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June is Aphasia Awareness Month
Aphasia is an acquired communication disorder that impairs the ability to speak and understand others, and often includes difficulty reading and writing, but does not affect intelligence. According to the National Aphasia Association, aphasia affects about one million Americans, both young and old, and is more common than Parkinson's disease, cerebral palsy or muscular dystrophy, yet, most people have never heard of it. Improvement in language is a slow process that usually involves both helping the individual and family understand the nature of aphasia.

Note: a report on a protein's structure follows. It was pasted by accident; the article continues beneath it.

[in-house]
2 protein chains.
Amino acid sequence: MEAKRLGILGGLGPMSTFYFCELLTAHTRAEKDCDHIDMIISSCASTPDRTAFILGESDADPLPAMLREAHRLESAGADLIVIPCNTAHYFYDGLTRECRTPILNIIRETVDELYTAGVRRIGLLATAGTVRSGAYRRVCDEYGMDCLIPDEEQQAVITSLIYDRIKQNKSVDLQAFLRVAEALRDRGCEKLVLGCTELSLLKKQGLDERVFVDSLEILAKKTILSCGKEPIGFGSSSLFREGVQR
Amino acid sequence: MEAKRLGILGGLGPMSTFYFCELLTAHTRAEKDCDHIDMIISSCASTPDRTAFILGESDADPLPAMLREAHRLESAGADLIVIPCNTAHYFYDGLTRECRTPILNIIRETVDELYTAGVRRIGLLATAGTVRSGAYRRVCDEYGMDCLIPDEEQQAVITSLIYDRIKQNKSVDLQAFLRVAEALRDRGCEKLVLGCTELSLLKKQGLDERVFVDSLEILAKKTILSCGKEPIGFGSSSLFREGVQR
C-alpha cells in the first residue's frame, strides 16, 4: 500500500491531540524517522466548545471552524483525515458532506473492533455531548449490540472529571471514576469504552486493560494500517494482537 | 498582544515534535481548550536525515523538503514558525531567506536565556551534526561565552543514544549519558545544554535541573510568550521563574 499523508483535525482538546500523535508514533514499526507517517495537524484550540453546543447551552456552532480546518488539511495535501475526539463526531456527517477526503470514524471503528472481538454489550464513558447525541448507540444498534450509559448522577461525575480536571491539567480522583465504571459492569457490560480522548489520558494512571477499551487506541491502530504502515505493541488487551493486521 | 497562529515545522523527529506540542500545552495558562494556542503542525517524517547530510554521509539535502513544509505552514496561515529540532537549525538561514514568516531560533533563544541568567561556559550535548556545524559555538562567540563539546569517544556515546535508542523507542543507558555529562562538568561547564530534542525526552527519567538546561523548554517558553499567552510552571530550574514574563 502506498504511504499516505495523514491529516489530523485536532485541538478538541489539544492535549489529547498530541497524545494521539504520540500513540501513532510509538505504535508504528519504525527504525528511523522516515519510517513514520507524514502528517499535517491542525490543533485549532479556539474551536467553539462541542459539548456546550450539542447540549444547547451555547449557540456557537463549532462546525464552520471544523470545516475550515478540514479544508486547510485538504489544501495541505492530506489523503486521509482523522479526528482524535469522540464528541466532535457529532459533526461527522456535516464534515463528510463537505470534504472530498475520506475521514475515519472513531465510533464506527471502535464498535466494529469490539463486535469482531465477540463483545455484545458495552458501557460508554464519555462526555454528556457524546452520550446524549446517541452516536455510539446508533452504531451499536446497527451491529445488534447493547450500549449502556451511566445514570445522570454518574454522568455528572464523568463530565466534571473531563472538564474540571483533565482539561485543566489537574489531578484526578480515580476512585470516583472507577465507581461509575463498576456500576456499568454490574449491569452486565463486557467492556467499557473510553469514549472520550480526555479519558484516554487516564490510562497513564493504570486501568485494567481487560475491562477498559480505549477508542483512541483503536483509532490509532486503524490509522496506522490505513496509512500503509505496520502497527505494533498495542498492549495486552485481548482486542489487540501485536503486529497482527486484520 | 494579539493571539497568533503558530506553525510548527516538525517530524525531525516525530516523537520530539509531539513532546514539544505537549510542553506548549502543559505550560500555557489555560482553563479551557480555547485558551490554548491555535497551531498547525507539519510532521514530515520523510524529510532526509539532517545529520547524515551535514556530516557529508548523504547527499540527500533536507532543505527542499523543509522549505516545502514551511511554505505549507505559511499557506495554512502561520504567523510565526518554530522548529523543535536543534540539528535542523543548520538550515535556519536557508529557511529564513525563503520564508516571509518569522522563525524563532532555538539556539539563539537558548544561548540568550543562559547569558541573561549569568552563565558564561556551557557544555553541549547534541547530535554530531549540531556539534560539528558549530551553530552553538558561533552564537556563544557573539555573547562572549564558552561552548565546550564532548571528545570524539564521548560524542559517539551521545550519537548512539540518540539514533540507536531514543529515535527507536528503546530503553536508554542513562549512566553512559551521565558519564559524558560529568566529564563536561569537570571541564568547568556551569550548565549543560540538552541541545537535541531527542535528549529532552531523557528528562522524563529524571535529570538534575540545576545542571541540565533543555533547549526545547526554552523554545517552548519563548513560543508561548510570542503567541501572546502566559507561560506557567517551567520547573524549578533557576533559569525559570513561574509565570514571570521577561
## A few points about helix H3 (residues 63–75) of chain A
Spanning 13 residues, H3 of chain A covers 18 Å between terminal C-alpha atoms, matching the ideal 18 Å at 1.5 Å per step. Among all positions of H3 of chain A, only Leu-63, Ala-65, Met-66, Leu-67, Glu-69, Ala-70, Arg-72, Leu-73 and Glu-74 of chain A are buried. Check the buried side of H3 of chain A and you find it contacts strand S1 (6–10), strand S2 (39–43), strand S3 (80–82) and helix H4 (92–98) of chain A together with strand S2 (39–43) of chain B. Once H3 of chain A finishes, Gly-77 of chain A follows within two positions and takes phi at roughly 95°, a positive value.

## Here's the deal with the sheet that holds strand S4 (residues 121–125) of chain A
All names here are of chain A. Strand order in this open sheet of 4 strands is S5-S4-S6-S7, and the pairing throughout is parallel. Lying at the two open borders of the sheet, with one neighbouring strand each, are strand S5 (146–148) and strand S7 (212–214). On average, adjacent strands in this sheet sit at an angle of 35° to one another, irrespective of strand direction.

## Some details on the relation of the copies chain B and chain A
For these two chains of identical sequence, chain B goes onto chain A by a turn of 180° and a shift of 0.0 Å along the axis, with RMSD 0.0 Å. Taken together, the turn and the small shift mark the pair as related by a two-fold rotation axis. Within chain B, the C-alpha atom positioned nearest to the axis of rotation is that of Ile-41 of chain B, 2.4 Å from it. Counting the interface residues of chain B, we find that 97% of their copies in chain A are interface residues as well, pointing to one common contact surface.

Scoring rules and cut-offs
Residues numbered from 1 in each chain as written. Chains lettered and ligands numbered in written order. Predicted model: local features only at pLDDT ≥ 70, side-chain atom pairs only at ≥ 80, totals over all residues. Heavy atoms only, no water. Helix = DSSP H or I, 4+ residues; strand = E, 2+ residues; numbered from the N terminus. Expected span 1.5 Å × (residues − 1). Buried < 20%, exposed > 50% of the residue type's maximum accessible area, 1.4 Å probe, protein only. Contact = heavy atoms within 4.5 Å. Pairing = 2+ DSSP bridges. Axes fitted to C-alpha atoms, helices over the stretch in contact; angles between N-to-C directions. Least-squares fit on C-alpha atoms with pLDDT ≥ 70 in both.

Research advances are helping us to understand the role of neuroplasticity , the ability of the brain to reorganize itself by forming new neural connections throughout life, and are leading to improved medical and therapeutic treatments.
Please join my guests: Ellayne S. Ganzfried, M.S., CCC-SLP, a speech-language pathologist and the Executive Director of the National Aphasia Association, and Swathi Kiran, PhD,CCC-SLP, a professor at Sargent College of Health and Rehabilitation Sciences at Boston University, Research Director at the Aphasia resource Center, and a World-Renowned Expert in Rehabilitation After Stroke.
The National Aphasia Association (NAA) is a nonprofit organization that promotes public education, research, rehabilitation and support services to assist people with aphasia and their families.
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It's good to talk.